The administrator of a Winnipeg-based peer-to-peer buy-and-sell group says online sites like his are increasingly becoming hot spots for thieves looking to quickly unload their stolen goods.
And as rampant shoplifting continues to make headlines in Winnipeg, Ryan Kochie says those responsible for the crime are getting more and more brazen online.
Some are even taking orders, he says.
“People are doing it almost like a side business for themselves,” said Kochie, who has helped run the Winnipeg Buy/Sell Facebook group for the last two years.
“It’s not so much like they’re stealing things for them to use, they’re stealing it to sell and some people are doing it for a profit … to pay bills or whatever.”
Numbers from Winnipeg police show the city saw a 77 per cent increase in the theft of store merchandise under $5,000 last year.
While shoplifting at city liquor stores has garnered the most attention recently, grocery stores, clothing stores and drug stores are also popular targets for thieves.
Kochie says items stolen from those stores — everything from makeup and baby formula to dish soap and Tide Pods — are turning up for sale online at deep discounts.
“You think someone’s just selling for cheap, but chances are they’re just making money for nothing,” he said.
Kochie says he’s seen a marked decrease in thieves using his site to fence items since the group implemented strict rules to curb such behaviour over the last year or so.
Those rules include asking sellers to provide proof of purchase for suspicious items and banning users who can’t produce receipts.
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But he says thieves can easily find buyers on other sites and pages without the same rules.
He says sites like Facebook Marketplace — which he says doesn’t have administrators like himself watching for suspicious items — are becoming a popular alternative for shady sellers.
A spokesperson for Facebook says the company does not allow the promotion or sale of stolen items and posts will be removed if something is reported that is found to violate the company’s community standards policy.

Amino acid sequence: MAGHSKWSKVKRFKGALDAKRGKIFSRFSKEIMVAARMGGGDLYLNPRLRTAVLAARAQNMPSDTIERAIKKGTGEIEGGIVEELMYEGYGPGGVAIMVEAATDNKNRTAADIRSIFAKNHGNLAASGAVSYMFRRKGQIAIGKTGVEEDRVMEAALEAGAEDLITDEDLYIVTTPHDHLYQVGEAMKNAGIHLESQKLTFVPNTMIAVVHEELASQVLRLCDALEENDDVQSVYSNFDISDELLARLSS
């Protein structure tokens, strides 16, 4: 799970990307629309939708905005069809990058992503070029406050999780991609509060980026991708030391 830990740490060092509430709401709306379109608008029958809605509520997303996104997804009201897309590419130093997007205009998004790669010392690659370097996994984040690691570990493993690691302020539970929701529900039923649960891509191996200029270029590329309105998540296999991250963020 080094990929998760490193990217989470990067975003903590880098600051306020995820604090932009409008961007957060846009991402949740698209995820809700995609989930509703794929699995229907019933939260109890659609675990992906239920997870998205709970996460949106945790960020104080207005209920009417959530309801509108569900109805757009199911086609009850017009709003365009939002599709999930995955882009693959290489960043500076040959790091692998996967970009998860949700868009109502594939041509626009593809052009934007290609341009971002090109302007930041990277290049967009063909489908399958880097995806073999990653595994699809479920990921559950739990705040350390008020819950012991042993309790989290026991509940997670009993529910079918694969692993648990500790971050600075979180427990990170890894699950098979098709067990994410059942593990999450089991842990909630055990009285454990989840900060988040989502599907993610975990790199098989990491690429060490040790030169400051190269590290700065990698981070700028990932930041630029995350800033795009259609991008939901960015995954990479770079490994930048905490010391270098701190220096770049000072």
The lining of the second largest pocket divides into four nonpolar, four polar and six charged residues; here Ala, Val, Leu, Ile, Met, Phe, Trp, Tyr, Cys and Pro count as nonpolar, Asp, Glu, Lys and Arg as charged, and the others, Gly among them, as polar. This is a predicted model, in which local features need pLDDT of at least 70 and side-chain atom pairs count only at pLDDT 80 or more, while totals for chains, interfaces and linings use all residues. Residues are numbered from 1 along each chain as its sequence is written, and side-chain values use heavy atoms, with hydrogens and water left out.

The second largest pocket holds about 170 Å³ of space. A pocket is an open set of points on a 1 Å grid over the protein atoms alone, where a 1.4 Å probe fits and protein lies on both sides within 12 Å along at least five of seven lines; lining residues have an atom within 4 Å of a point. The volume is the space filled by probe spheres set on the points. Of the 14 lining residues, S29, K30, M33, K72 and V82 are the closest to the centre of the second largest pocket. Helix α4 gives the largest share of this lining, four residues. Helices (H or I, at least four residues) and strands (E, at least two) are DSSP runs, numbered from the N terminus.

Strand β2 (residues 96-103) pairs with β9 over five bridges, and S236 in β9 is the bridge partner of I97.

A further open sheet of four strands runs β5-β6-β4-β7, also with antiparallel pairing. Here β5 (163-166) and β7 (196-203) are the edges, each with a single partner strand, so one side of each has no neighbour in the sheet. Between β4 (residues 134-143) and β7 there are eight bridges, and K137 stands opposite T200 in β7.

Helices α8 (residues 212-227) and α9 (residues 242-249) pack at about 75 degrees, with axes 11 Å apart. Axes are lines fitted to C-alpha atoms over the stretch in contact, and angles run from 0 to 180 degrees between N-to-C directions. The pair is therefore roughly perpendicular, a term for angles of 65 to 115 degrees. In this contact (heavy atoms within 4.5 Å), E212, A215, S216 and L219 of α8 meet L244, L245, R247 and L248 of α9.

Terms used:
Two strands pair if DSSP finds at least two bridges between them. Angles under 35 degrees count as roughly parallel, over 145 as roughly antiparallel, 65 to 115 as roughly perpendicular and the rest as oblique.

But Kochie says Facebook isn’t going far enough.
“There’s no admin really, Facebook just cares about illegal goods, like if you try to sell drugs or alcohol on there, it’ll get removed,” he said, adding Marketplace does not allow users to comment on items, making it harder to report or bring attention to suspicious items.
“Crowdsourcing (suspicious items) definitely makes it easier to monitor — it’s just the community watching out for its own.”
Winnipeg police spokesperson Const. Tammy Skrabek says investigators often search online for stolen goods, and warns that knowingly buying stolen goods can lead to charges for the buyer.
While Kochie says investigators have never reached out to him looking for stolen goods, he encourages users to tag or share things with police if they think they might be stolen.
He also says buyers need to use common sense when shopping for used items online.
“Just ask them where they got it, and if they get super offended or if they refuse to say, then chances are it’s probably stolen from somewhere,” he said.
“Generally, if a deal sounds too good to be true, it probably is.”
-With files from Brittany Greenslade
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